Liz Milliron has been making up stories, and creating her own endings for other people's stories, for as long as she can remember. She survived growing up through reading, cutting her mystery teeth on Agatha Christie, Mary Higgins Clark and, of course, Nancy Drew. As an adult, she finds escape from the world of software documentation through creating her own fictional murder and mayhem. She lives near Pittsburgh with her husband and two teenage children, and fantasizes about owning a dog again - one of these days.

11 thoughts on “Finding the twist”

  1. That odd sound you hear is me snorting. Know the twists before I write them? Oh I wish! When I sit down to write I have an inciting incident and I think I know who did it (I have been wrong 100% of the time), and I usually know what my bridges are–the scenes that will get me from inciting incident to investigation to the crisis before the resolution. I write all of that down and file in in Scrivener in a folder called “plot summary.” Then I start writing. By chapter four I’m off on a run (feet pounding pavement kind, not a writing sprint) and I’m asking myself “What is happening here? What if…but then, this would have to happen, and what’s my hero doing and doing about this what if. ” It’s where the twists start to happen.

    Oh, yeah, what about that plot summary? Well, I don’t look at it again until I’ve hit the end of the first act. Then I discover it no longer applies!


  2. Ha! Kait you are a writer after my own heart! What I end up with never looks like what I started with. And I also have a 100% track record of being wrong about the killer.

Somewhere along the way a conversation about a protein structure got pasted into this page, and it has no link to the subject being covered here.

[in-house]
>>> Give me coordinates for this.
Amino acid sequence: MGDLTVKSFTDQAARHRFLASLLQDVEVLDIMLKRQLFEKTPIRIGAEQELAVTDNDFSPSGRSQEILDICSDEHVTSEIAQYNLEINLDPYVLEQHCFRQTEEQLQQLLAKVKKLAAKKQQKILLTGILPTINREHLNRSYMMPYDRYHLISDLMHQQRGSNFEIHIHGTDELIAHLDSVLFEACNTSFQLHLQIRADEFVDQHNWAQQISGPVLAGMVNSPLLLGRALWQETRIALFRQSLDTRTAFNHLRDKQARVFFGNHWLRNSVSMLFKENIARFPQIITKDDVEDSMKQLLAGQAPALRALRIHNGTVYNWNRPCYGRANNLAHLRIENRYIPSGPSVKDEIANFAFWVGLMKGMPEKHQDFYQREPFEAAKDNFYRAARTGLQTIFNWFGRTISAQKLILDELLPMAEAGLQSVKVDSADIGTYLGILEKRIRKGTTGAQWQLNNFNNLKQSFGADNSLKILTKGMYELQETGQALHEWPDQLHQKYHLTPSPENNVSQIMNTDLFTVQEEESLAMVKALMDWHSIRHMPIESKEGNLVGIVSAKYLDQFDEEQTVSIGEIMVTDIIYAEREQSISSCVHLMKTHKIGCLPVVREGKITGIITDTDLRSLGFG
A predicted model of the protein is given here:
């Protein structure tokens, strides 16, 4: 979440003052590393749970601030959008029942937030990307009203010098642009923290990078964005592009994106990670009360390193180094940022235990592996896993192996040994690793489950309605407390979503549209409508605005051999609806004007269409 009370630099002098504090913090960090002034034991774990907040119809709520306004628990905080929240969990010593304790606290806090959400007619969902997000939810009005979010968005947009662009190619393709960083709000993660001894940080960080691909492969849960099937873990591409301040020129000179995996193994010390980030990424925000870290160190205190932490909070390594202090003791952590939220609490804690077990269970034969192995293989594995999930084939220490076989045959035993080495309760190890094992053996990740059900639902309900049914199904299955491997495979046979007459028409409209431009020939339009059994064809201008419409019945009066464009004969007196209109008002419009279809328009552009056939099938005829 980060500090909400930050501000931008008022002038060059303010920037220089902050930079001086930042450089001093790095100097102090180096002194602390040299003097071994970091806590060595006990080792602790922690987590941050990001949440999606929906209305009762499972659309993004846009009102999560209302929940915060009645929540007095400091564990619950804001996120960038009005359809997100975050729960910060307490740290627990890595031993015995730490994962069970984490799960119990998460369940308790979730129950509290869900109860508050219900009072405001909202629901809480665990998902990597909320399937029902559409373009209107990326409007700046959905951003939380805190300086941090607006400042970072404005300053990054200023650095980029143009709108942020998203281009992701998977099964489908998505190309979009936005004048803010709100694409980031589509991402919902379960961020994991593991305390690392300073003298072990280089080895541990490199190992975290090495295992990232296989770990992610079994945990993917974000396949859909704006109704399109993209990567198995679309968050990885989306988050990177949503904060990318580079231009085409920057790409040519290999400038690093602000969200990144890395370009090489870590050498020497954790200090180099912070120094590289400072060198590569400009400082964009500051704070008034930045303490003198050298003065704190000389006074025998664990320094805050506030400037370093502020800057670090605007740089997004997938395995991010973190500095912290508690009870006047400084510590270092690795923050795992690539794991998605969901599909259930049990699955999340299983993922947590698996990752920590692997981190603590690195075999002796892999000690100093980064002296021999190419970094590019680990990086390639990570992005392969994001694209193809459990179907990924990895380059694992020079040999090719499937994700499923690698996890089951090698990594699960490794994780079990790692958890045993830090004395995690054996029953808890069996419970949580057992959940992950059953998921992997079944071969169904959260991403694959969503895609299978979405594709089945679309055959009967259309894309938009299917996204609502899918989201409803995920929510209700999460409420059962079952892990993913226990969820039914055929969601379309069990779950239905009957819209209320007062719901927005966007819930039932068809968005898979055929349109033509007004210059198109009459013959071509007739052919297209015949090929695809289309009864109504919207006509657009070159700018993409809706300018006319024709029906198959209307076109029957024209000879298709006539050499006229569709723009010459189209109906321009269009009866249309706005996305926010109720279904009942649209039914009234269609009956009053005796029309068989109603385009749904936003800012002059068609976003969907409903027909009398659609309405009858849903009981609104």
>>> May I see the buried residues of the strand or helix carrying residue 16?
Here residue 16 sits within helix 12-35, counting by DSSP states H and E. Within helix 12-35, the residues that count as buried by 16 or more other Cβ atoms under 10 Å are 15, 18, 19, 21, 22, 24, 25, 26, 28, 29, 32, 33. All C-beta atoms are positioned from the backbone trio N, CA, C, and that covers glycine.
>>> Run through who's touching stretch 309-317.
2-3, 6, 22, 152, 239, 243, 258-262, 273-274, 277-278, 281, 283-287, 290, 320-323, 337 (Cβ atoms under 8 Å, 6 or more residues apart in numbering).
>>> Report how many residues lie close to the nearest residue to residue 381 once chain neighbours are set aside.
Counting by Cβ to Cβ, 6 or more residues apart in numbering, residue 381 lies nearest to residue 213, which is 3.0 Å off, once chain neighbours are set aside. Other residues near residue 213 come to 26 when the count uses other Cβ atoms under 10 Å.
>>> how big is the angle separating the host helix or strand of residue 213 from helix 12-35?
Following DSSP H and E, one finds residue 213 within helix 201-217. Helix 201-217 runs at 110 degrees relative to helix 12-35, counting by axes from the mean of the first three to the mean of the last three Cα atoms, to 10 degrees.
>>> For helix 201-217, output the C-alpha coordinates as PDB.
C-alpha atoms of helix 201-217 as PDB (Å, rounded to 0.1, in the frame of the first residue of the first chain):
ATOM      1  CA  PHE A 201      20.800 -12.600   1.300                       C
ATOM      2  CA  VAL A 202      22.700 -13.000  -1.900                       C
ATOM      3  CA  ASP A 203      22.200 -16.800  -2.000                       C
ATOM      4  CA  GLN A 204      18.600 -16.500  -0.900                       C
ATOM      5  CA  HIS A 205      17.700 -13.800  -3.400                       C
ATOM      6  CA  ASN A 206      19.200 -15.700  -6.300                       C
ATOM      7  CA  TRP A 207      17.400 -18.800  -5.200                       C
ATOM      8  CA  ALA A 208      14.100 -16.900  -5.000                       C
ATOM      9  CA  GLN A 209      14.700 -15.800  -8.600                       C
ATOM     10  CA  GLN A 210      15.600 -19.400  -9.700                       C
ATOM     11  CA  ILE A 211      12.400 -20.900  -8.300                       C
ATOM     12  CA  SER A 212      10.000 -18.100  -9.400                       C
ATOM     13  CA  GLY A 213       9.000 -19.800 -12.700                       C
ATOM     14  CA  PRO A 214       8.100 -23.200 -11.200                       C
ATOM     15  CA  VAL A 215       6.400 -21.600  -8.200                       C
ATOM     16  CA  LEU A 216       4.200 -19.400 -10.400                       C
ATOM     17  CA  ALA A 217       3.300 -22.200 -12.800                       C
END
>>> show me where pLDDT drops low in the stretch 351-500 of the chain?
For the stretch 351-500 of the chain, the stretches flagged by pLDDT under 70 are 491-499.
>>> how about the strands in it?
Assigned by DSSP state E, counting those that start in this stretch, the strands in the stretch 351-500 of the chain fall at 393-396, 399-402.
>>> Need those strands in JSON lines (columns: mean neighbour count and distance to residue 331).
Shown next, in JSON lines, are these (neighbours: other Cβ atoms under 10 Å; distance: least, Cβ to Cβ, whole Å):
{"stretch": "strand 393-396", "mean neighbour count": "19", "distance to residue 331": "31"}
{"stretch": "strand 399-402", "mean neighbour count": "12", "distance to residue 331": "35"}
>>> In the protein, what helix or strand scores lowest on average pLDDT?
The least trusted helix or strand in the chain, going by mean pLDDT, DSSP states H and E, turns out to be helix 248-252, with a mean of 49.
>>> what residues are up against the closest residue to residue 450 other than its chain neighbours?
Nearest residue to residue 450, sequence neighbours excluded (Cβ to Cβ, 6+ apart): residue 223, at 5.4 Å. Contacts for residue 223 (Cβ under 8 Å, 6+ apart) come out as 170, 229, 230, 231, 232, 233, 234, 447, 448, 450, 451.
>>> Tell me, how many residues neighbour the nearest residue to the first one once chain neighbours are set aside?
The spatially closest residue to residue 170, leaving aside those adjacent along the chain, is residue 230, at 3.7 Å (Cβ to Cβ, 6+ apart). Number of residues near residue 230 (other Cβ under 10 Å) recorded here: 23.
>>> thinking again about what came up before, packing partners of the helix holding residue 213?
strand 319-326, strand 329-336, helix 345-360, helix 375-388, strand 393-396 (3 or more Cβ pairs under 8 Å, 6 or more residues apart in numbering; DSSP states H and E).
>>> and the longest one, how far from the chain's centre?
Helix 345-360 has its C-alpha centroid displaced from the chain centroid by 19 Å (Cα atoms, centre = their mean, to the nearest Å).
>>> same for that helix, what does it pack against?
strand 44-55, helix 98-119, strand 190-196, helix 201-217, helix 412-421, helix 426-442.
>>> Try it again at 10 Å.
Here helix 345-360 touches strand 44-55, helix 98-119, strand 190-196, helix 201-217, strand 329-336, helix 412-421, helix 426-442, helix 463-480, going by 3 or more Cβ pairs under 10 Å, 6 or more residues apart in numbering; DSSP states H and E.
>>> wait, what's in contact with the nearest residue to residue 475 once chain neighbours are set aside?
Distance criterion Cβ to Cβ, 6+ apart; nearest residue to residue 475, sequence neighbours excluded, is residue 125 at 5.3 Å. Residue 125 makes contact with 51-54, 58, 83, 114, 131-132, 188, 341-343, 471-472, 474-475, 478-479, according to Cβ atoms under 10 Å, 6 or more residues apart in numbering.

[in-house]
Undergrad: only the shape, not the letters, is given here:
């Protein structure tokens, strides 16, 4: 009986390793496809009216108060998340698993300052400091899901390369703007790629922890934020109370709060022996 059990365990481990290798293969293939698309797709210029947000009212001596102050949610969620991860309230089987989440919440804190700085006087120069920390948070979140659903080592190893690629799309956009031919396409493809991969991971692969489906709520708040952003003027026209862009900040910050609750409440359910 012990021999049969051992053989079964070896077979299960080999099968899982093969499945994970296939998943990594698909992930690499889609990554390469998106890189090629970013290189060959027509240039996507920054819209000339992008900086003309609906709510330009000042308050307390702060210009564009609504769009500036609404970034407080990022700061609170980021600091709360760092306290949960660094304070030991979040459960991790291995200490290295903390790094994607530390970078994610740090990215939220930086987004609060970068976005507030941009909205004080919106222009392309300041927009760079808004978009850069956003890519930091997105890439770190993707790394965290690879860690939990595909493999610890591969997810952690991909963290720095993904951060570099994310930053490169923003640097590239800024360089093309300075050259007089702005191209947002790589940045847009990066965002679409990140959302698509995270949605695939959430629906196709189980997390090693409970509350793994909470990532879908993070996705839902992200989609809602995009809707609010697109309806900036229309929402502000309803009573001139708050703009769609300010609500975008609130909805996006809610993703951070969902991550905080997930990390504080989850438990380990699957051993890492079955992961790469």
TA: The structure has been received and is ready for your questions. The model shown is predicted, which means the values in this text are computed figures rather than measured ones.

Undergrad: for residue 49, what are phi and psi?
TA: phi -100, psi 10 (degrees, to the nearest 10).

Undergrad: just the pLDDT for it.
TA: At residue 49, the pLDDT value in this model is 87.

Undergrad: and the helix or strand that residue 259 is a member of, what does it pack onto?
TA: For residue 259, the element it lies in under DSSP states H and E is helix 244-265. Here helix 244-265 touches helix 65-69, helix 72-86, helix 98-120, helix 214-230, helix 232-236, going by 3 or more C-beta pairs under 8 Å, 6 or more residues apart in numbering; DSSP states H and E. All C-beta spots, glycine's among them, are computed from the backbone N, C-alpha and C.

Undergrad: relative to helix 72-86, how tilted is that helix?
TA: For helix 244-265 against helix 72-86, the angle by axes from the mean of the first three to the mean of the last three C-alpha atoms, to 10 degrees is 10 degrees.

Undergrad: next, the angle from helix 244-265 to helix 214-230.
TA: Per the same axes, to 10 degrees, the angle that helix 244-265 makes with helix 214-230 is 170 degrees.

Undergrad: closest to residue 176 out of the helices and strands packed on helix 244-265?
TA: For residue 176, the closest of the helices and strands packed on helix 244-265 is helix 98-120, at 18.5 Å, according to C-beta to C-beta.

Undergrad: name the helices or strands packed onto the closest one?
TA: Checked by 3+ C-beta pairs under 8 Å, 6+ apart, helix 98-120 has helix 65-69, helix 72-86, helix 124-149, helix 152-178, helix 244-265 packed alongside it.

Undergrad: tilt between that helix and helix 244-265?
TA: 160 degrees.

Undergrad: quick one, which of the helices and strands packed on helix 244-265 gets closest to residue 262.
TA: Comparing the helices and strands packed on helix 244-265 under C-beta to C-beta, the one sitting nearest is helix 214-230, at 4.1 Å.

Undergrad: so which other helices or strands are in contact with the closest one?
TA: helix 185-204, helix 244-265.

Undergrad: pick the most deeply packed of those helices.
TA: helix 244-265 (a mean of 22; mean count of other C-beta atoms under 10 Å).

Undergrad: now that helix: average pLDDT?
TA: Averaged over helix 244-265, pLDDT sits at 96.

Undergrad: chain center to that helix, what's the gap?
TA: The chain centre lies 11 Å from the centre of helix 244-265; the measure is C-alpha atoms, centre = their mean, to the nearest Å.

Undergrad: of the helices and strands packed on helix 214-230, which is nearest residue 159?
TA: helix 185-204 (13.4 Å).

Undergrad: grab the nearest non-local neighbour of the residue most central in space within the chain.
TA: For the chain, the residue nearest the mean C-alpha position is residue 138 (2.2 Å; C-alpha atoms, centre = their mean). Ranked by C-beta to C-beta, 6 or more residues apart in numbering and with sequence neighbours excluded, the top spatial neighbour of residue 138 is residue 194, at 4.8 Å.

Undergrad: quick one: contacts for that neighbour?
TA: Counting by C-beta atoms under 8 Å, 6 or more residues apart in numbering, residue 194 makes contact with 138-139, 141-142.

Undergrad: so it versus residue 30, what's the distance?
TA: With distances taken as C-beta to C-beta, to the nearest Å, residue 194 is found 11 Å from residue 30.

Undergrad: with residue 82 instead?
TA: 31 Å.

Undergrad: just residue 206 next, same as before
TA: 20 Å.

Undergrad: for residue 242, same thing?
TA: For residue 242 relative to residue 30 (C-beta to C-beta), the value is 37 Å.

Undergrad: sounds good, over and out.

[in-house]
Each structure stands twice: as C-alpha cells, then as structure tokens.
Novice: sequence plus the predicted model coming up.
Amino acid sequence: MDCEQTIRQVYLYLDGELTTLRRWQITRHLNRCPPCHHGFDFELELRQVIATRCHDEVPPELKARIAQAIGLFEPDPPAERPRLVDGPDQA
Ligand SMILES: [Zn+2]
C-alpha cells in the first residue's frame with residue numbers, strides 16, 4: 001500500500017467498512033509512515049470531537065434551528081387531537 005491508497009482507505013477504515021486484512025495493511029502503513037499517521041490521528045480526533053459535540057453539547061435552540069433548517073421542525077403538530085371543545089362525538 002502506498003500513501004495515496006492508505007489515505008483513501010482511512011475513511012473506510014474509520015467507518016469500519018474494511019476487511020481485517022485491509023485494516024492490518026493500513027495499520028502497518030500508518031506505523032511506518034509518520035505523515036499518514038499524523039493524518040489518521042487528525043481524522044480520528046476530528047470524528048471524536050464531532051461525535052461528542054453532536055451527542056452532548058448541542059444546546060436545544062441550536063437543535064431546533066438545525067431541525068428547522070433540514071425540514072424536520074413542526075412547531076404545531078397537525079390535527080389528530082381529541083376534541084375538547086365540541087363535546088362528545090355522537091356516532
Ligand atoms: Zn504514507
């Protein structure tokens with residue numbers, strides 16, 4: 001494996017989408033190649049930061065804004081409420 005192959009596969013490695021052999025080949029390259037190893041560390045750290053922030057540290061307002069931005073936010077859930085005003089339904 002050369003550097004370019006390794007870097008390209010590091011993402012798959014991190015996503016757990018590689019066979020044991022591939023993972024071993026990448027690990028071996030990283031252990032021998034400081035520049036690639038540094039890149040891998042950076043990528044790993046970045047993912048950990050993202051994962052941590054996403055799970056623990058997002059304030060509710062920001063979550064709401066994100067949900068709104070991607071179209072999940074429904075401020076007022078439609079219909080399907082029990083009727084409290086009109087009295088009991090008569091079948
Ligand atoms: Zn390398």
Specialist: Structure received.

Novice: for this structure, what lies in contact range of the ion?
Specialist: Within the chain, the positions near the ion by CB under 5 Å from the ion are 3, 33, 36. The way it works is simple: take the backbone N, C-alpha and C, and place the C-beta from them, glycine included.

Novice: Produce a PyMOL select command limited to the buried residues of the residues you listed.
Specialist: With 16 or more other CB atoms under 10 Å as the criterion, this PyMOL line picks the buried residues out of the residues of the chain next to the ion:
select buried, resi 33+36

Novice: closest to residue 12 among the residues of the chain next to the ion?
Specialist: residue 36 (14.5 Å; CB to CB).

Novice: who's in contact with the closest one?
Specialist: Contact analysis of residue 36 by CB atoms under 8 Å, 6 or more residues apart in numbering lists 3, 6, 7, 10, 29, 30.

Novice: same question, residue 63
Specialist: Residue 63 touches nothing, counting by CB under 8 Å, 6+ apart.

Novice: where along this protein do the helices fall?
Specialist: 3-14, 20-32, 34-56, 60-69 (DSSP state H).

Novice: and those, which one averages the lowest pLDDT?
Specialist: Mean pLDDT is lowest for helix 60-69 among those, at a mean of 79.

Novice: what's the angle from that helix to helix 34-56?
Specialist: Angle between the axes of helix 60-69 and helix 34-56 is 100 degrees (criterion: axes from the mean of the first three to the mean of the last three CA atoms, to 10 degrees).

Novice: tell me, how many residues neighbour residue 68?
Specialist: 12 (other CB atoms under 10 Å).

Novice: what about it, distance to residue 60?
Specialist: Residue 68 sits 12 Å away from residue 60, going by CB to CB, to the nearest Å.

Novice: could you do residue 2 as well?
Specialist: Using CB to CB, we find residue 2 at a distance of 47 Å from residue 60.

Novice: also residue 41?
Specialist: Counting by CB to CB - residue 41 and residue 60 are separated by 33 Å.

3. Plan a twist? Wouldn’t that be nice! Your “what if…?” sums it up nicely. And congrats on your May successes–yay!!


  4. Fun post, Mary. I’m not smart enough to actually plan plot twists, at least not all of them. The good thing is that I get to experience some of the same surprise as my readers.

    I just read about Draft Zero! I plan on giving it a go with my next one if I can figure out how to speed up the process a little.

    Congratulations on those sales!


  5. Wonderful post, Mary! “What if?” is such an important question to ask with writing. I usually discover twists during my draft zero too, and sometimes much later if I think a character needs even more oomph 🙂


  6. Well, as a reader, I LOVE those plot twists, so keep them coming. They are what keep me turning those pages. Do resolve them in the end, however. i hate the books I have read that leave “minor” plot elements just hanging — and not for a sequel, just unfinished.


  7. Thanks everyone for the congrats (sorry I didn’t check in earlier – The Boy graduated eighth grade and that consumed my day yesterday).

    Sue, yeah – plan a twist? If only.

    Peg, the most important thing to know about Draft Zero is that it is messy and chaotic – let it be that way! No one will ever see it but you.

    Kate, I love “what if.'” Has never failed me when the story starts dragging. Play “what if” and something is bound to happen.

    3 no 7: Absolutely on those hanging threads! Oh, I hate them to. As you said, not stuff left for a sequel, just stuff…left. I’m kind of manic about cleaning them up. Hopefully I’m successful!